Charteris, J., & Smardon, D. (2019b). Democratic contribution or information for reform? Prevailing and emerging discourses of student voice. Australian Journal of Teacher Education, 44(6). https://doi.org/10.14221/ajte.2018v44n6.1
Dodman, S. L., DeMulder, E. K., View, J. L., Swalwell, K., Stribling, S., Ra, S., & Dallman, L. (2019). Equity audits as a tool of critical data-driven decision making: Preparing teachers to see beyond achievement gaps and bubbles. Action in Teacher Education, 41(1), 4–22. https://doi.org/10.1080/01626620.2018.1536900
Dyke, E., & El Sabbagh, J. (2020). “It’s an Americanization that’s not working:” Reimagining teacher leadership and accountability in a Latinx-serving middle school. Journal of Education Human Resources, 38(4), 416–437. https://doi.org/10.3138/jehr-2020-0006
Elkomy, M. M., & Elkhaial, N. H. (2022). The lesson study approach to professional development: Promoting teachers’ peer mentoring and communities of practice and students’ learning in Egypt. Teaching and Teacher Education, 109. https://doi.org/10.1016/j.tate.2021.103538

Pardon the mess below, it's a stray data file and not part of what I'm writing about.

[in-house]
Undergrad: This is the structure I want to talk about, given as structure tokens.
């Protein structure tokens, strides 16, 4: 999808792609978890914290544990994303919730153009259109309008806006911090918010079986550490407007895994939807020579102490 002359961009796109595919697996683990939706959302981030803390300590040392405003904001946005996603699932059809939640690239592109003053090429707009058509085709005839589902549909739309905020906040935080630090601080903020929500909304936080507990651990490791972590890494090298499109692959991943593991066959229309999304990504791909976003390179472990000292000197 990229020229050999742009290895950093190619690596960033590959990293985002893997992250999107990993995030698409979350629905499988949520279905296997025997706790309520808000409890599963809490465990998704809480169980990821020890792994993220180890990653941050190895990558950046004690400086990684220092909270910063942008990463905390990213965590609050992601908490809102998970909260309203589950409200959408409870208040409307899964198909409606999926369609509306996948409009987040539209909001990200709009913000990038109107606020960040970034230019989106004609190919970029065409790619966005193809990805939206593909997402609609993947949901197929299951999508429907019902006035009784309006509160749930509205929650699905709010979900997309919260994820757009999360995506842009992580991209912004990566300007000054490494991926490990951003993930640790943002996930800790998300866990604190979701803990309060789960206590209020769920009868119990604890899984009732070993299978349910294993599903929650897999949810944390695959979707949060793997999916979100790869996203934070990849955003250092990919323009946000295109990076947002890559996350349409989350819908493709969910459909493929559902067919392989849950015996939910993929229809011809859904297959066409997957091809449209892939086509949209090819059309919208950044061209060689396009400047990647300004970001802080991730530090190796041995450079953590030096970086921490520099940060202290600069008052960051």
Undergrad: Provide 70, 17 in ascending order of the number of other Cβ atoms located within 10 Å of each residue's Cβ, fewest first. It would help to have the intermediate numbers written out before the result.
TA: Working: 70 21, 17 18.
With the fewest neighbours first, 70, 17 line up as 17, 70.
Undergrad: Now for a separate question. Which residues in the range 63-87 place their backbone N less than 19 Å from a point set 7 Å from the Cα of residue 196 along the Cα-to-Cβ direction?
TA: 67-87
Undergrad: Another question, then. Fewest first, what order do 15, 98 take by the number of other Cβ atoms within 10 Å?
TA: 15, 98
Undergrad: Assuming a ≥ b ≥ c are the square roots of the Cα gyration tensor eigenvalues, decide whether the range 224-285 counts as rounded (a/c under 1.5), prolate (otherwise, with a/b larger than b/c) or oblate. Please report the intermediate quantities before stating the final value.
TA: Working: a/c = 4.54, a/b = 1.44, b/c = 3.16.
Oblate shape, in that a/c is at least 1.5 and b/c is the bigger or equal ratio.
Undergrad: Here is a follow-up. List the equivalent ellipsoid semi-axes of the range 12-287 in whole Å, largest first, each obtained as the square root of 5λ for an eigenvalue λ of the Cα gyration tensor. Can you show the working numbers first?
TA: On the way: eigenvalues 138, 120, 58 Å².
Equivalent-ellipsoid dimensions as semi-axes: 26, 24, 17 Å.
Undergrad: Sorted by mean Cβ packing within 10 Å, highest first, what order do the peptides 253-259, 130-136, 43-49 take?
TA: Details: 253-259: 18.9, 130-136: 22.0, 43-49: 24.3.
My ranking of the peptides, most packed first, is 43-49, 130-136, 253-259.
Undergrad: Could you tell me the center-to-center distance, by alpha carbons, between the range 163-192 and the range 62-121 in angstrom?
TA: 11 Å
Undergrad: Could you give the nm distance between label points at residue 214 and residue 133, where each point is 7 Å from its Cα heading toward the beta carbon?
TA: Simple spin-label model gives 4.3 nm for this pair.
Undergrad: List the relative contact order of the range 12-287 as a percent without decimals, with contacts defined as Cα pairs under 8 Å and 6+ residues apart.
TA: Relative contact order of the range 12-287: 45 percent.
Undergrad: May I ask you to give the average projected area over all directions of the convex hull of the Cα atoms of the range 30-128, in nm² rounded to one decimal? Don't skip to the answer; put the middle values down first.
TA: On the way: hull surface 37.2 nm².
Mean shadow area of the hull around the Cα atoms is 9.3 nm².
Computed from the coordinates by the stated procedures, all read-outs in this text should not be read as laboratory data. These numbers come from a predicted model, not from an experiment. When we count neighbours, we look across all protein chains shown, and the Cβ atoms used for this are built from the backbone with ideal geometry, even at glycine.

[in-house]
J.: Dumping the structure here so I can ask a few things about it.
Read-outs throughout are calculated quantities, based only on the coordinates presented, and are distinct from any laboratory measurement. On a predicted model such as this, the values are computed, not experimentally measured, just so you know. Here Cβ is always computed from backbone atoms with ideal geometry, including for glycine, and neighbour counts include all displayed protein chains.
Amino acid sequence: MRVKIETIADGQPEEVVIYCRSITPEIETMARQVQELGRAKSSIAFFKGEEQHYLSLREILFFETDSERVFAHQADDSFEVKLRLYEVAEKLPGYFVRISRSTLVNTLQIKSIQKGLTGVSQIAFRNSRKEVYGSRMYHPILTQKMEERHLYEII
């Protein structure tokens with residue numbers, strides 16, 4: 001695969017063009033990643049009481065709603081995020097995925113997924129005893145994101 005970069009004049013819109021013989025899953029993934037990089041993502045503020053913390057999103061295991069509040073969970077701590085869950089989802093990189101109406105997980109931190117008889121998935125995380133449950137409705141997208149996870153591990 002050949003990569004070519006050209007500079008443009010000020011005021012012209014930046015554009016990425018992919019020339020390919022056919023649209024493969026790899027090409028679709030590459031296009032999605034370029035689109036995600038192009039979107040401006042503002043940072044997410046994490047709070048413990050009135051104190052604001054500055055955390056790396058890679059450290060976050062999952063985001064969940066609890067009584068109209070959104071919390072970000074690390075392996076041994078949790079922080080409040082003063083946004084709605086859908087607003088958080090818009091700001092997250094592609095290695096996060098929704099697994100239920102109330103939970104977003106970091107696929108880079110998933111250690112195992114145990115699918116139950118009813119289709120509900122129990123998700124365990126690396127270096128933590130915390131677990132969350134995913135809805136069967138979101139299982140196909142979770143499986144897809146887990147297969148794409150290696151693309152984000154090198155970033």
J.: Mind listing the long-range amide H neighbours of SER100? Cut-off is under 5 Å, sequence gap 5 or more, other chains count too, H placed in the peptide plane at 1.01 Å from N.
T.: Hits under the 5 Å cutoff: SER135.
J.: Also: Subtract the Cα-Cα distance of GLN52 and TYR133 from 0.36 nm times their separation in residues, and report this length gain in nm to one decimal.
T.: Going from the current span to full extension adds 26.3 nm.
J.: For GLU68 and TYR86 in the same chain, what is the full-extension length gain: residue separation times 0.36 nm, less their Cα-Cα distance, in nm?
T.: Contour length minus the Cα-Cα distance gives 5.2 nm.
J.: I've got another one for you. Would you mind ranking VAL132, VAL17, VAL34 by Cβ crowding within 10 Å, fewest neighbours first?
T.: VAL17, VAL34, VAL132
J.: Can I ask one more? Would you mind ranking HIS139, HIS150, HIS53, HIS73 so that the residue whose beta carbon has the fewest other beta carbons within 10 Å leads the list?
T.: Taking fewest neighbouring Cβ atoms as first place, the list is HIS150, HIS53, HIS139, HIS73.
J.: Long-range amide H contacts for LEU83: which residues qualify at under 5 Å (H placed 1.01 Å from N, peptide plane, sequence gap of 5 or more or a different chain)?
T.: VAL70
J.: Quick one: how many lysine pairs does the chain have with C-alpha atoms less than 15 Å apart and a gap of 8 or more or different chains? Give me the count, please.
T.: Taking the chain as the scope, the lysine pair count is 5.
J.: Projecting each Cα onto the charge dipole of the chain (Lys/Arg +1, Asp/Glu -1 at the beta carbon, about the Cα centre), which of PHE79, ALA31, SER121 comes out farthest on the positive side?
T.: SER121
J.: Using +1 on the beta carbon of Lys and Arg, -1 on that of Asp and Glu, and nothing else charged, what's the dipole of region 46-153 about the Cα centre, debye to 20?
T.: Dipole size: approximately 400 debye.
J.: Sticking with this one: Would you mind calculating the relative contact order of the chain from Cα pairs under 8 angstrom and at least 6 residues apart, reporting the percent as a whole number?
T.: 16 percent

Eshchar‐Netz, L., & Vedder‐Weiss, D. (2020). Teacher learning in communities of practice: The affordances of co‐planning for novice and veteran teachers’ learning. Journal of Research in Science Teaching, 58(3), 366–391. https://doi.org/10.1002/tea.21663
Evans-Winters, V., Hines, D. E., Moore, A., & Jones, T. L. (2018). Locating Black girls in educational policy discourse: Implications for the “Every Student Succeeds Act.” Teachers College Record, 120(13), 1–18. https://doi.org/10.1177/016146811812001305
Gardner-Neblett, N., Iruka, I.U., Humphries, M. (2021). Dismantling the Black-White achievement gap paradigm: Why and how we need to focus instead on systemic change. Journal of Education, (203)2. https://doi.org/10.1177/00220574211031958
Gee, J. P. (1989). Literacy, discourse, and linguistics: Introduction. Journal of Education, 171(1), 5–17. https://doi.org/10.1177/002205748917100101